4. Discussion

To evaluate the effects of carbon prices on trade-offs between forest carbon and timber management objectives in spatial harvest scheduling problems, a persuasive multi-objective forest management planning model was formulated. Similar to Backéus et al. [1] and Charles et al. [18], we integrated carbon management objectives in a wood supply model. However, in addition to using the traditional forest management model, which only includes the typical even flow of harvested timber and minimum harvest age constraints, we considered the adjacency constraints (i.e., ARM) of assigned management prescriptions in temporal and spatial scales. We also employed a well-known heuristic technique (i.e., simulated annealing) capable of greatly accelerating the search process for complex combinatorial optimization problems. The results of the case study indicated that the assigned harvest timber and its corresponding DoC both presented typical nonlinear responses as the carbon price increased. This result agreed precisely with Backéus et al. [1] and Raymer et al. [19]. Given the harvest quota management constraints of China’s State Forestry Bureau, the realistic annual harvest level was set at approximately 15 thousand m3 per year in this region for the long term, which resembles the simulated forest management scenario in which a carbon price of 3500 ¥/ton was used. The results of this scenario corresponded to an average annual DoC of approximately 0.49 ton/ha, which was consistent with the values (i.e., 0.45 ton/(year·ha)) reported by Fu et al. [38]. Therefore, the planning model presented here can be immediately applied in forest management practices in northeast China. However, the planning model ignored several important factors, which require additional discussion.
The first and perhaps most important factor is that not all the components of carbon sequestration related to forest and forestry were included, such as carbon in the soil, litter, shrub and herbal layers in forest ecosystems. Forest soil carbon stocks typically account for 29%–56% of the total carbon stocks for different development stages of the forests in this region [39]. However, the amount of soil carbon stocks may change dramatically over a short period [12], particularly in forests that grow in high latitudes, such as our study area. Additionally, because of the significant spatial heterogeneity of other vegetation layers (i.e., shrub and herbal), the carbon stocks in these components were not considered. Moreover, the harvested timber within the entire time horizon can also store a significant amount of carbon. Based on an average biomass expansion factor of 0.56 t/m3 for all forest types within this region [40] and a carbon content of 0.45 (figures that have been widely used in scientific research [1,41]), the carbon stocks of the harvested timber within the entire time horizon for different management planning scenarios were estimated to be 0.36–0.92 million tons. Therefore, the carbon emissions process of various forest products (i.e., sawlogs) also should be integrated into the planning process [1,16].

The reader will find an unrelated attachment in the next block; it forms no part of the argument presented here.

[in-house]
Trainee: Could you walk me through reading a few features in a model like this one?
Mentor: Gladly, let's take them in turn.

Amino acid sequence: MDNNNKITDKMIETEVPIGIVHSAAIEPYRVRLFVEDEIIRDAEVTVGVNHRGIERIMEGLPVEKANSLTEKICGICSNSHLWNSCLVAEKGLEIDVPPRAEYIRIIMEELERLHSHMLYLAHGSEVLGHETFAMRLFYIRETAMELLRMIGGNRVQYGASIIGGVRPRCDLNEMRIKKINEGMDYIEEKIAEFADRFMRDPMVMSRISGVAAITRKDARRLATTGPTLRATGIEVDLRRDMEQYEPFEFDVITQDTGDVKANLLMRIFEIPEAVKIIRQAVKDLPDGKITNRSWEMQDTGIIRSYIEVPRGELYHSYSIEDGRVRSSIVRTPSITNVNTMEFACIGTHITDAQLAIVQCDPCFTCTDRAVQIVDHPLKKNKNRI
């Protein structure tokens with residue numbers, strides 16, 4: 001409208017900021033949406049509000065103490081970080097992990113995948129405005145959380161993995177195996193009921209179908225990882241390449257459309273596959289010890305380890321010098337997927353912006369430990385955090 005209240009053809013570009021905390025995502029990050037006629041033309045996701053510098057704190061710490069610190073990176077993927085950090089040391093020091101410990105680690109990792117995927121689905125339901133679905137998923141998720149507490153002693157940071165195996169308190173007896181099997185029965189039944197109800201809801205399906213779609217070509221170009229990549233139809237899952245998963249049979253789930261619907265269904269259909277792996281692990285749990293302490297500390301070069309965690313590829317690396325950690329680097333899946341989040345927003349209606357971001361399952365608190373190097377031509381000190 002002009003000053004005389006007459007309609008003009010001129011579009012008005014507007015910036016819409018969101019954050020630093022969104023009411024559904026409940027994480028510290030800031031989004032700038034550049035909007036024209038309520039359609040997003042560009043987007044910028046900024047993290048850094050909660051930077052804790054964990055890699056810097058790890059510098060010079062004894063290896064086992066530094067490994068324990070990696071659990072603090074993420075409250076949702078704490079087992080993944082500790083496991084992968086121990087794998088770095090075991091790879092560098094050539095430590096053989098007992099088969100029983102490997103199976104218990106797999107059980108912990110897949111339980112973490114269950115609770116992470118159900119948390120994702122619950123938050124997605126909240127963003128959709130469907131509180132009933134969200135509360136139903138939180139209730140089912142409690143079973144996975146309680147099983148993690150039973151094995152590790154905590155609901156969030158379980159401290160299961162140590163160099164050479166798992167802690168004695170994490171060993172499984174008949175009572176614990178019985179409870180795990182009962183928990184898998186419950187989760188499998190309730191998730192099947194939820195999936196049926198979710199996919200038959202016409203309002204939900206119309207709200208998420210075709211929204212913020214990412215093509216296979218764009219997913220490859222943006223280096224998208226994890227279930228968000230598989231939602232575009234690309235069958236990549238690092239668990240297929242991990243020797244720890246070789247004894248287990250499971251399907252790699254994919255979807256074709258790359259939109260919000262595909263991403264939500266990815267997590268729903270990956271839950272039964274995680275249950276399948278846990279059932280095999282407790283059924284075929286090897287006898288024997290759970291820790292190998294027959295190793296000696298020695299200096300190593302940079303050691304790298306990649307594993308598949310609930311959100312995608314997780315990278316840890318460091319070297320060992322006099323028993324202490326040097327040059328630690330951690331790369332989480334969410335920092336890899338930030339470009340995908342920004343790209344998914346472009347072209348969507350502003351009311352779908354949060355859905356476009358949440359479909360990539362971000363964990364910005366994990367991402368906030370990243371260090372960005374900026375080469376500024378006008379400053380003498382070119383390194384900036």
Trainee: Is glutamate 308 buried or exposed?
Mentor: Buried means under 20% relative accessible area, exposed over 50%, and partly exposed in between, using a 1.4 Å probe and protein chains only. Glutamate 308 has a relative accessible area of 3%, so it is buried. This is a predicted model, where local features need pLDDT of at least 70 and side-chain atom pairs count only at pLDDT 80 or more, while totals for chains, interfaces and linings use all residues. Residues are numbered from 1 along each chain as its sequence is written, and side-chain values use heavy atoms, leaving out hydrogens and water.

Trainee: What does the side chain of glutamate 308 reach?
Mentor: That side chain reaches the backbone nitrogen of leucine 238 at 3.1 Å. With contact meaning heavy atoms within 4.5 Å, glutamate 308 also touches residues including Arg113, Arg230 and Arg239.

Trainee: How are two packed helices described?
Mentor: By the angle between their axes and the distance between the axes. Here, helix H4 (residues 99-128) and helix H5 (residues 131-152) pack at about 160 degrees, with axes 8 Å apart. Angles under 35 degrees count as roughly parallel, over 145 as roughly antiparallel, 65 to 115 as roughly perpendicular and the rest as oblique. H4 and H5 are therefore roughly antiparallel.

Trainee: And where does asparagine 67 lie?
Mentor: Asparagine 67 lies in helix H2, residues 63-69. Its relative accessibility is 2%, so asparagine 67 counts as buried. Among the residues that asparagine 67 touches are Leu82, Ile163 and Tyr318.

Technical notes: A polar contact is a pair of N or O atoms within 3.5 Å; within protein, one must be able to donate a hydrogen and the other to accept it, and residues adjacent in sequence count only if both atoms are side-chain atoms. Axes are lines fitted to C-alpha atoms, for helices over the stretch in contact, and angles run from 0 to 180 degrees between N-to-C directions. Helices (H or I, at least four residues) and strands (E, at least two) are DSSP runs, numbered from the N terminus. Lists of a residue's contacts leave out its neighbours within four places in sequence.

A second factor that requires additional discussion is the effect of climate change on the forest management planning process. Under boreal conditions, climate changes are expected to increase the annual temperature and precipitation and thus may increase forest growth and productivity [42]. However, the frequency and severity of unproductive events (i.e., fire, wind and insect damage) may also be increased significantly [43]. To evaluate the effects of climate change, a process-based growth model or a modified empirical model can be integrated into the forest planning process [42]. Among the various counterproductive events, forest fires represent a key natural disturbance factor in this region. Hu et al. [44] reported as many as 1614 forest fires with a burned area of approximately 35.23 million hectares from 1965 to 2010. The total carbon emissions of these fires were estimated to be 29.32 million tons, and the mean annual carbon emissions were approximately 0.64 tons per year, which accounted for 6% of the total carbon emissions from forest fires in China. Therefore, these unproductive events should also be integrated into traditional forest planning models, as in Peter and Nelson [45], Couture and Reynaud [46], and Garcia-Gonzalo et al. [47].
The final factor that requires discussion is that forest characteristics, economic factors, and management policies have significant effects on the forest planning process. For example, Borges et al. [48] examined the effects of site productivity on forest harvest scheduling problems that involved green-up and maximum area restrictions. Prices not only significantly affect the search process of heuristics but also reflect the priorities of multi-objective forest management. Therefore, in this study, we only focused on the effects of carbon prices, as in Backéus et al. [1]. However, the prices of various forest products and management activities represent a complex system from the economic perspective. A change to one economic parameter may affect other parameters. Thus, the interactions among such parameters might be important in forest management practices. Finally, the management policies of adjacency and green-up constraints also have significant effects on the forest planning process. Boston and Bettinger [21], Borges et al. [48], and Nalle et al. [49] have confirmed that the economic profitability of an optimal management plan typically increased as the period of green-up constraints and the size of the maximum clear-cut area increased. However, the fragmentation of forest landscapes or habitat patches might be aggravated significantly [32].